West Virginia, like every state, has its own civil commitment laws that establish criteria for determining when court-ordered treatment is appropriate for individuals with severe mental illness who are too ill to seek care voluntarily. The state authorizes both inpatient (hospital) and outpatient (community) treatment, which is known in West Virginia as "outpatient treatment." West Virginia still uses an involuntary treatment standard based primarily on a person’s likelihood of being dangerous instead of using a more progressive “need for treatment” standard as in many states.
For inpatient and outpatient treatment, a person must meet the following criteria:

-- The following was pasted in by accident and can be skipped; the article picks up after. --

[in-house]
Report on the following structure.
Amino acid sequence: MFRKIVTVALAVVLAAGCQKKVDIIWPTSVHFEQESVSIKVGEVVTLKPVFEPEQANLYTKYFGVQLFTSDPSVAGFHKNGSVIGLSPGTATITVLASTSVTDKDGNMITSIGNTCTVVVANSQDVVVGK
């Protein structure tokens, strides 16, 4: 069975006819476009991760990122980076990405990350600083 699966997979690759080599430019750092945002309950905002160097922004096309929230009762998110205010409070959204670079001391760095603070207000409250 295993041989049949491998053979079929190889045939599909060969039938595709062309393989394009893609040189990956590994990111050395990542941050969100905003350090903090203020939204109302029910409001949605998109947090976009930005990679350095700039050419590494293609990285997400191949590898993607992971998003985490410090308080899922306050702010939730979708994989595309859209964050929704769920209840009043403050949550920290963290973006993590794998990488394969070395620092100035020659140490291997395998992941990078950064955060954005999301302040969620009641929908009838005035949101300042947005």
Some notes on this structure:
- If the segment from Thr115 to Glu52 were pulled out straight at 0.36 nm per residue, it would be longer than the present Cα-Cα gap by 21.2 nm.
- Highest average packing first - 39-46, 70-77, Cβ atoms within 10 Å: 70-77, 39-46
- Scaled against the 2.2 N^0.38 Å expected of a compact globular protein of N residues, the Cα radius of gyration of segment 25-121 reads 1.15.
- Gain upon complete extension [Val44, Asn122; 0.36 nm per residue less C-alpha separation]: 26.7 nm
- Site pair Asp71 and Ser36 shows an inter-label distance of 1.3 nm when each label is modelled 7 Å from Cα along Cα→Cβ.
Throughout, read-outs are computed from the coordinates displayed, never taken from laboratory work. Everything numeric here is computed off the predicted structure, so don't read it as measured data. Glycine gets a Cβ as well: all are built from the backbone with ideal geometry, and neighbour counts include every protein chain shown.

- be a danger to self/others;
"Be a danger" to others includes presenting a danger to persons in his/her care;
"Be a danger to self" can be the inability, without assistance, to satisfy need for nourishment, personal or medical care, shelter, or self-protection and safety, so that probable death, substantial physical bodily injury, serious mental deterioration or physical debilitation or disease will ensue.
Note: Applications for final commitment must state, in detail, the recent overt acts upon which a danger to self/others conclusion is based.
State standards for emergency hospitalization for evaluation and state-by-state information on initiating emergency hospitalization and assisted inpatient or outpatient treatment can be found from our Civil Commitment Laws and Standards page.
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